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How to stay safe in open water

Open water swimming brings its own risks and dangers you should always address before you enter the water. While the goal is to have fun, you should always remember how to stay safe in open water.

It’s easy to forget something as you take the plunge for the first time. Think of these open water swimming questions as a preparation checklist.

If you can’t answer yes to all of them think twice about taking part.

  1. Do you know who you are swimming with?
    It can be dangerous to swim open water on your own. Always swim with someone and know who they are. It’s a good idea to get into open water with a friend.
  2. Do you know the weather conditions?
    Weather can play a huge part in the difficulty of open water swimming conditions. If you feel unsafe, don’t get in.
  3. Do you know the route you are taking?
    Seems like a fairly simple one but you MUST plan your route carefully and make sure someone else knows where you are going.
  4. Do you know where you will get in and out of the water?
    Again, this may not be your biggest worry but you should plan where you are entering and exiting the water.
  5. Have you practised swimming in your wetsuit?
    Wearing a wetsuit changes your swimming stroke slightly so it’s best to practice in a pool beforehand.
  6. Do you know the temperature of the water?
    Swimsuits keep you warm but the water will still be very cold. Get used to it slowly. If you feel your body getting too cold, get out.
  7. Do you know what you will eat before and after your swim?
    Exercise and cold water will sap your energy. Time your food for energy boosts.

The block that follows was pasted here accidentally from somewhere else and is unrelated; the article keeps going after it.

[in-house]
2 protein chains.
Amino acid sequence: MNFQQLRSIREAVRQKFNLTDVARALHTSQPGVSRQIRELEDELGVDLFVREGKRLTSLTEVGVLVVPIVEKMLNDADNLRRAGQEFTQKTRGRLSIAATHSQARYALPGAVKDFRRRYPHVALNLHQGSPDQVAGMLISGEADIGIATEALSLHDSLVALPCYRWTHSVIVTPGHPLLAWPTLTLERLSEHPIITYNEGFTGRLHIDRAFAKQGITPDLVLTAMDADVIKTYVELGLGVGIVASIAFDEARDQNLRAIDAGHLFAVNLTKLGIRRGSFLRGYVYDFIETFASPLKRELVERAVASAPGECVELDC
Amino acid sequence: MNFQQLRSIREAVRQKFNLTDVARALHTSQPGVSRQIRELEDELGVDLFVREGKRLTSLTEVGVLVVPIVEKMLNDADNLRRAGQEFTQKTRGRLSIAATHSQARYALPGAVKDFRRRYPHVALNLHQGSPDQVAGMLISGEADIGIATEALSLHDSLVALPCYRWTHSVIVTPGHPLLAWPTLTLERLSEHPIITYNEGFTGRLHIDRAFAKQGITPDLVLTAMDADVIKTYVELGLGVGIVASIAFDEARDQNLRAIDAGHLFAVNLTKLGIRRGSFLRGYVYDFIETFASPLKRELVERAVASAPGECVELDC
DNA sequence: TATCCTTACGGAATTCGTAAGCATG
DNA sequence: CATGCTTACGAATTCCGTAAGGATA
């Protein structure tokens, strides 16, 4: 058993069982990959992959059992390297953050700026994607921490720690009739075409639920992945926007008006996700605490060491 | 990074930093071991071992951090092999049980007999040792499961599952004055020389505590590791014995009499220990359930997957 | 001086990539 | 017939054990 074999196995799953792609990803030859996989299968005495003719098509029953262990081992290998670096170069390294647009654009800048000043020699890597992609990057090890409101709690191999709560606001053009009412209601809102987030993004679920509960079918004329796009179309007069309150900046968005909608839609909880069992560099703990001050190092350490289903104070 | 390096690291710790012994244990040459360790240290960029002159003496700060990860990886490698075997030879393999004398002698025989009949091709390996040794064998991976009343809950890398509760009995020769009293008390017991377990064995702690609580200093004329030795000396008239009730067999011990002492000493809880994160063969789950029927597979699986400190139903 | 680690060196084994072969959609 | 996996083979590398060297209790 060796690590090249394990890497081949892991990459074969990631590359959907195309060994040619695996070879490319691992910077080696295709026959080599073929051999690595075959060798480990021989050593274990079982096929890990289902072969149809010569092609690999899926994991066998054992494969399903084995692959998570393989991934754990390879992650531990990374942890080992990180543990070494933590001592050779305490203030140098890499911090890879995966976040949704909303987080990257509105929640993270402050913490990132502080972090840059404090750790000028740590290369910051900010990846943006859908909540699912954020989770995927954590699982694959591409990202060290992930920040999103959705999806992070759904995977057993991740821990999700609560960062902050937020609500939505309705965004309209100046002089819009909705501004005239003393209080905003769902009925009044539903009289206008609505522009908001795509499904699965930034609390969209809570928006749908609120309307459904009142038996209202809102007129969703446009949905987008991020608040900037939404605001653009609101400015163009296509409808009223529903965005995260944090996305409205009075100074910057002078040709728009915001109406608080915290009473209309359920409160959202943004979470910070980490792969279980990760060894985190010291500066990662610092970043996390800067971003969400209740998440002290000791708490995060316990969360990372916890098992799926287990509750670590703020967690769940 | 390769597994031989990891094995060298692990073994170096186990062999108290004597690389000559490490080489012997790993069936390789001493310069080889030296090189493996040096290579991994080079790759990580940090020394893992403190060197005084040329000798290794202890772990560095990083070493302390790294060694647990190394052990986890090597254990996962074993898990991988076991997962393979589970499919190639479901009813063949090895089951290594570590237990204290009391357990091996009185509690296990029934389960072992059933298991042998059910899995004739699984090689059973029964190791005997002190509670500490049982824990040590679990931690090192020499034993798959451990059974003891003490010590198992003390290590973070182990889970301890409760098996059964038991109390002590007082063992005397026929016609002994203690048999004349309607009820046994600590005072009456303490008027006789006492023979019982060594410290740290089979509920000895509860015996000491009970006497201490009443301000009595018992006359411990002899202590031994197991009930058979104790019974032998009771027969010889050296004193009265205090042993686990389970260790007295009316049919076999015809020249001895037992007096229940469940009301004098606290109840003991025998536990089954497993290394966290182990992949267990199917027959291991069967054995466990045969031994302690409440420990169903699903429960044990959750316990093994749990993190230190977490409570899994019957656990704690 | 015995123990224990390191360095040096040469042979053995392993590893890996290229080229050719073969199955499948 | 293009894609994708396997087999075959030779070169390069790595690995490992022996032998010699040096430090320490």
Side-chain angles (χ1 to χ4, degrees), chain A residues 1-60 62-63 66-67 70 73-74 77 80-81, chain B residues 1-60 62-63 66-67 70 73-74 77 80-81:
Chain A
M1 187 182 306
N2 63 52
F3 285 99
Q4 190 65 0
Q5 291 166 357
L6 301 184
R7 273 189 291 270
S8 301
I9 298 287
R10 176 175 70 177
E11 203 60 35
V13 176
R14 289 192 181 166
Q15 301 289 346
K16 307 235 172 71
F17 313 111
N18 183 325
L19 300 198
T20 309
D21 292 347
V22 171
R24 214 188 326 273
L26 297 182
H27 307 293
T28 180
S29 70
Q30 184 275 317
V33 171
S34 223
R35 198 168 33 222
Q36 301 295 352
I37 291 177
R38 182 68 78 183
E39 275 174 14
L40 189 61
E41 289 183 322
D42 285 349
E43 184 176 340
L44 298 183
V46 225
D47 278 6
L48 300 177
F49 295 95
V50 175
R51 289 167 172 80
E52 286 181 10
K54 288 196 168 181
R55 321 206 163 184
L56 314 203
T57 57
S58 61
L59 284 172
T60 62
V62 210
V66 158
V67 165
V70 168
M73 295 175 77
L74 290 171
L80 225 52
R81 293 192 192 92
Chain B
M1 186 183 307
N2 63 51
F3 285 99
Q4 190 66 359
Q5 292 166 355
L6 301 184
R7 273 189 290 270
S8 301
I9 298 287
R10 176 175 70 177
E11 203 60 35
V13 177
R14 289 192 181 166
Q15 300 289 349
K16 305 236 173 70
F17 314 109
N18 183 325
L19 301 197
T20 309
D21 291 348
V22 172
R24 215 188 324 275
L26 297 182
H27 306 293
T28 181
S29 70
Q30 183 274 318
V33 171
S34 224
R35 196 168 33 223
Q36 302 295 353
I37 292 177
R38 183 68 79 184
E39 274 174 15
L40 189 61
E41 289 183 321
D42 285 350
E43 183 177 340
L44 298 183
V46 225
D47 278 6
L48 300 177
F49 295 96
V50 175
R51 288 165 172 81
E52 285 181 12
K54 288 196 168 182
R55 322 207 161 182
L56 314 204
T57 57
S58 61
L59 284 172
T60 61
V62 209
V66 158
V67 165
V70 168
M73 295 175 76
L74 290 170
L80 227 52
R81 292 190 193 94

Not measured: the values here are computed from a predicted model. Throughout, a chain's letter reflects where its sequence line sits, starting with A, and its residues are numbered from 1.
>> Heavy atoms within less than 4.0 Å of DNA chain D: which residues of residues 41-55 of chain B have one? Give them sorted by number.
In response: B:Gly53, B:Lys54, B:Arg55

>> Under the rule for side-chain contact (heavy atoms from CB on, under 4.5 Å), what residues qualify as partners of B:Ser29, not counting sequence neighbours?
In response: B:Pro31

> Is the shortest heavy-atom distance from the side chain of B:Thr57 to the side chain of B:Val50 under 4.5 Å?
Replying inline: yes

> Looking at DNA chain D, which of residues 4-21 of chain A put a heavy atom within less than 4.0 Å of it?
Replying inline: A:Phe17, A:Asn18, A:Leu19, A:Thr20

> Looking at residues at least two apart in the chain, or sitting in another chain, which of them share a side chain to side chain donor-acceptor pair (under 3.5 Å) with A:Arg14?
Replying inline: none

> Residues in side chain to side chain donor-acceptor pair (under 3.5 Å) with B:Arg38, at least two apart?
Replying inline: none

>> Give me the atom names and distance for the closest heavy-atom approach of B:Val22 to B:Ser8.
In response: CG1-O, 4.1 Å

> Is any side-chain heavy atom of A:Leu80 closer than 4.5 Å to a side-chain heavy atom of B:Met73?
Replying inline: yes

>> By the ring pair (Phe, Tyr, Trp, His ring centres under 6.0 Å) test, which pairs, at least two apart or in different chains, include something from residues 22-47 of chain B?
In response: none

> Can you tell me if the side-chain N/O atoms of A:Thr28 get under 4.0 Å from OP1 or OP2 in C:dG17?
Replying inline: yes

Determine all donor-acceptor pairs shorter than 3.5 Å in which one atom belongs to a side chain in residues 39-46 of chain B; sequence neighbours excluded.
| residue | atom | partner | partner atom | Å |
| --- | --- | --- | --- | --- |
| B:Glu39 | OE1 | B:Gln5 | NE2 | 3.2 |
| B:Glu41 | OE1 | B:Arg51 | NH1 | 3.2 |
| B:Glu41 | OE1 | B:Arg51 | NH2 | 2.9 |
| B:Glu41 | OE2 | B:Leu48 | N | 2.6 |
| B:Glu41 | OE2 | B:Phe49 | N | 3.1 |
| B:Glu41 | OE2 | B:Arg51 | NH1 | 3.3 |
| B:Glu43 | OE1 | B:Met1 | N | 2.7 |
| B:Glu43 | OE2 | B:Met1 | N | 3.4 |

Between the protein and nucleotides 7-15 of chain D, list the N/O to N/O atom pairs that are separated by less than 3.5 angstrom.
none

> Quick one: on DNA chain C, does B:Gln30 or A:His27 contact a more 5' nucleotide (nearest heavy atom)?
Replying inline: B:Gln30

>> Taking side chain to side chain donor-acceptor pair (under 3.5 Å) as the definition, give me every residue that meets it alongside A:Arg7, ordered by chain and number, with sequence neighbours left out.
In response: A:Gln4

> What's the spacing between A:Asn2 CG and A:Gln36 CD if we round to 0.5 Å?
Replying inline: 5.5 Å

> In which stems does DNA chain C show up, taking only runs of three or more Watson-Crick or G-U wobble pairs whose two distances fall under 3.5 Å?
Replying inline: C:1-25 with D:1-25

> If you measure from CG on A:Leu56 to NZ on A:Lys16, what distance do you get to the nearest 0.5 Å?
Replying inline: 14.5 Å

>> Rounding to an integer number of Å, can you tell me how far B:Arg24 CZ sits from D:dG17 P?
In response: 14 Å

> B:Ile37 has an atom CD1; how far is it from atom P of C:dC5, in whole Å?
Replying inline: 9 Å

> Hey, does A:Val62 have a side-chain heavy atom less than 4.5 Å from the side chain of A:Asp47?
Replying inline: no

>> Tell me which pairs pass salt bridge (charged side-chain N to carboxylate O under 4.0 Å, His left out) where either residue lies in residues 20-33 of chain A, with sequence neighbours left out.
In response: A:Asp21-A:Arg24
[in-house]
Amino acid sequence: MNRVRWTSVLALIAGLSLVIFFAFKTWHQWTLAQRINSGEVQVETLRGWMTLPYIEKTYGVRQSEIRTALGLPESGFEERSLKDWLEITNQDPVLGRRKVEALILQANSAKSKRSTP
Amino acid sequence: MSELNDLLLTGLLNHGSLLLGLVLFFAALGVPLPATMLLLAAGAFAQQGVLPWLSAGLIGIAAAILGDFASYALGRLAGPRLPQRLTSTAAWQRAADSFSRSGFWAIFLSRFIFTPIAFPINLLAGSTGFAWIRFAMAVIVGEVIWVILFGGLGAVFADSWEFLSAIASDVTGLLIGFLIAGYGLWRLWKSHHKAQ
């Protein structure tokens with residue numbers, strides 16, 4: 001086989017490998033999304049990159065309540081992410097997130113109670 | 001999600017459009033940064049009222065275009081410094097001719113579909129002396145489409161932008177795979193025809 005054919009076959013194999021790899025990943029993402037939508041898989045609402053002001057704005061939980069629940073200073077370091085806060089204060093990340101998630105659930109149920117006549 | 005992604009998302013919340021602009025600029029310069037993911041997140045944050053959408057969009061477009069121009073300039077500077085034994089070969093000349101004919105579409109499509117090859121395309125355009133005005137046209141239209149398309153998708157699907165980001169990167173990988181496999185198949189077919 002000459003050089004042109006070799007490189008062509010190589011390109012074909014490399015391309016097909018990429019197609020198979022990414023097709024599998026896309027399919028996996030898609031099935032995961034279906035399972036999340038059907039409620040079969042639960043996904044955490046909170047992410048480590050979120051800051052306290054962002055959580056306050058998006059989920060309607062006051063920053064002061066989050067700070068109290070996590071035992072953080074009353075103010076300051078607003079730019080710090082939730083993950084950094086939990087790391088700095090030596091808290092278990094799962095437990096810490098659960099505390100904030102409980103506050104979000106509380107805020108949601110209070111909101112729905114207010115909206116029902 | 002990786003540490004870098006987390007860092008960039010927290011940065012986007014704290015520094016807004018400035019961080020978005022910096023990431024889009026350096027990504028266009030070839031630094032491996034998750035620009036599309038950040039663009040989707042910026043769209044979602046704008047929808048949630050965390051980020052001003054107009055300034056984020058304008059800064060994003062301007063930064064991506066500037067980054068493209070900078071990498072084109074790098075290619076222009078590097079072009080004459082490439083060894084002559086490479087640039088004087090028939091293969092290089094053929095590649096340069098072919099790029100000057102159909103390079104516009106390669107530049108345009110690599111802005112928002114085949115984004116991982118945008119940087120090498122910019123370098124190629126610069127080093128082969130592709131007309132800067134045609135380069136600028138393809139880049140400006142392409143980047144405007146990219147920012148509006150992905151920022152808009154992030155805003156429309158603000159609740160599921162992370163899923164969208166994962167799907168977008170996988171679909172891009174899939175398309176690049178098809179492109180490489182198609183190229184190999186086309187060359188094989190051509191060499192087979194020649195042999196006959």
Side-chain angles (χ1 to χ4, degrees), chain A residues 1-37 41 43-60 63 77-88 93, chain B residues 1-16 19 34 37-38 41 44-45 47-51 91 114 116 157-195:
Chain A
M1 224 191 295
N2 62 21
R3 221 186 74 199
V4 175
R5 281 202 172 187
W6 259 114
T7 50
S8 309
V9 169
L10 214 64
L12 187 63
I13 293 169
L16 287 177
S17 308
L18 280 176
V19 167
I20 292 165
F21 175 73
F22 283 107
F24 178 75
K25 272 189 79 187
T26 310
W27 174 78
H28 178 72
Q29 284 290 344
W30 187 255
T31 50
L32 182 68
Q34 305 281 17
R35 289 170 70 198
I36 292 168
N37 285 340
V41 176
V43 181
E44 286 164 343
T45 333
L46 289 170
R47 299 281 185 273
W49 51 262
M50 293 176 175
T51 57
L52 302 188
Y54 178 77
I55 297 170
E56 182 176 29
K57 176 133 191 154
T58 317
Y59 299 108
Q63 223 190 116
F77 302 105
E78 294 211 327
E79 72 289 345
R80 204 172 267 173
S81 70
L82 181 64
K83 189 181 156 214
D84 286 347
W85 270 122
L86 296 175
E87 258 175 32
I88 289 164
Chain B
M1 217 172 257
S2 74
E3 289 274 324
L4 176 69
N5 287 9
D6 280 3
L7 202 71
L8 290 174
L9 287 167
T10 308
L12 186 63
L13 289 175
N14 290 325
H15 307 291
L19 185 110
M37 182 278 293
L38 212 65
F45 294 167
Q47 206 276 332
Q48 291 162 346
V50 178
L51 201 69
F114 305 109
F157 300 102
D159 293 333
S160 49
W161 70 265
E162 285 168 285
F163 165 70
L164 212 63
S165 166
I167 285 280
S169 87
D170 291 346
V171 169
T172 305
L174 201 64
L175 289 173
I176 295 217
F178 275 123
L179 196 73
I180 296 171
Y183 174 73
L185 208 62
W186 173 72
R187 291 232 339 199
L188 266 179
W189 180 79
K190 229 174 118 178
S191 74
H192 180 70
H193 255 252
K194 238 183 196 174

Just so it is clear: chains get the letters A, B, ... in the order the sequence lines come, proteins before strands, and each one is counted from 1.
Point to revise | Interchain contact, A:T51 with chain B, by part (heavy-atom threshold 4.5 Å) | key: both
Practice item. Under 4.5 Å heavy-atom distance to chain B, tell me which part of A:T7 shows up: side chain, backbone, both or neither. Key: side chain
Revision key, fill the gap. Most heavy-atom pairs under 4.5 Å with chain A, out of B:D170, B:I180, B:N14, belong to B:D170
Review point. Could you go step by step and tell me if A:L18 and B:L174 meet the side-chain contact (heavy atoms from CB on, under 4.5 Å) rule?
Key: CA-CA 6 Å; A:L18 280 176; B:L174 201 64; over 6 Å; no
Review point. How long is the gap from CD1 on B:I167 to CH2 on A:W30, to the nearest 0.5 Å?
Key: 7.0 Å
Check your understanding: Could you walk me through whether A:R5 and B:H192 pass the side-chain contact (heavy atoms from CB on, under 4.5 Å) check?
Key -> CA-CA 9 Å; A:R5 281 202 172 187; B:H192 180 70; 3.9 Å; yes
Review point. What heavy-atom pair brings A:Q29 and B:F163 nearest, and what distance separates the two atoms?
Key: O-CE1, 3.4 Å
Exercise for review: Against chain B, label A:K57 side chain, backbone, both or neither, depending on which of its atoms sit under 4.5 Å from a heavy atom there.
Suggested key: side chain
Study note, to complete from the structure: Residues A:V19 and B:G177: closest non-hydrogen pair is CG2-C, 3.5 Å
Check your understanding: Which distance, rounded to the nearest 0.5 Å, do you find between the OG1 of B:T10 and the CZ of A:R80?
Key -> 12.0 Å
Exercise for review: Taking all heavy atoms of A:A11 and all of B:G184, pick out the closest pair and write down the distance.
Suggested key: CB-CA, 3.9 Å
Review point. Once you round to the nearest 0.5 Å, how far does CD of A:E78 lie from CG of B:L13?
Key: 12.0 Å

8. Do you have goggles and lubricant?
    Swimming in lakes, rivers and seas there is poor water visibility. Wear goggles. If you’re swimming in a group, tuck your goggle strap into your swim hat so they aren’t knocked out of position by accident. Lubricant isn’t essential but it’s a very useful for putting around the neck to avoid chaffing from your wetsuit.
  9. If you are swimming a loch, have you asked about weirs?
    Tide times are crucial to know when learning about the best times to swim in a loch. Be aware of rip currents and what to do if you become caught in one.

What to do in danger

Firstly always swim in an organised swim session where ever possible. They will have safety systems in place if you get in to difficulties. Speak to the organiser before the session to know what these systems are.

If you are not in an organised session, consider the following:

  • take a tow float and whistle with you on your swim. A tow float is a clear visual aid for rescuers, while a whistle will help you attract attention if you are in trouble
  • always swim in a group and have a means of calling for help (whistle, phone, vhf radio if possible). Ensure a responsible person knows your plan and when you think you will be home
  • float – if you are in trouble in the water, float until you feel calm and then think what to do next
  • call 999 or 112 – if you see someone else in trouble in the water call 999 or 112 immediately, know basic rescue techniques and basic life support.

What not to do in open water swimming

Don’t turn up to a venue without any prior research. Local knowledge is always the best knowledge when it comes to safety.

Find out if your venues is affected by rain or tides, or if there are any other hazards you should know.

Lastly, remember alcohol and swimming never mix, no matter how much fun it seems at the time. Impaired judgement leads to serious accidents and things go wrong even quicker when water is involved.

If you are ever in doubt stay out!

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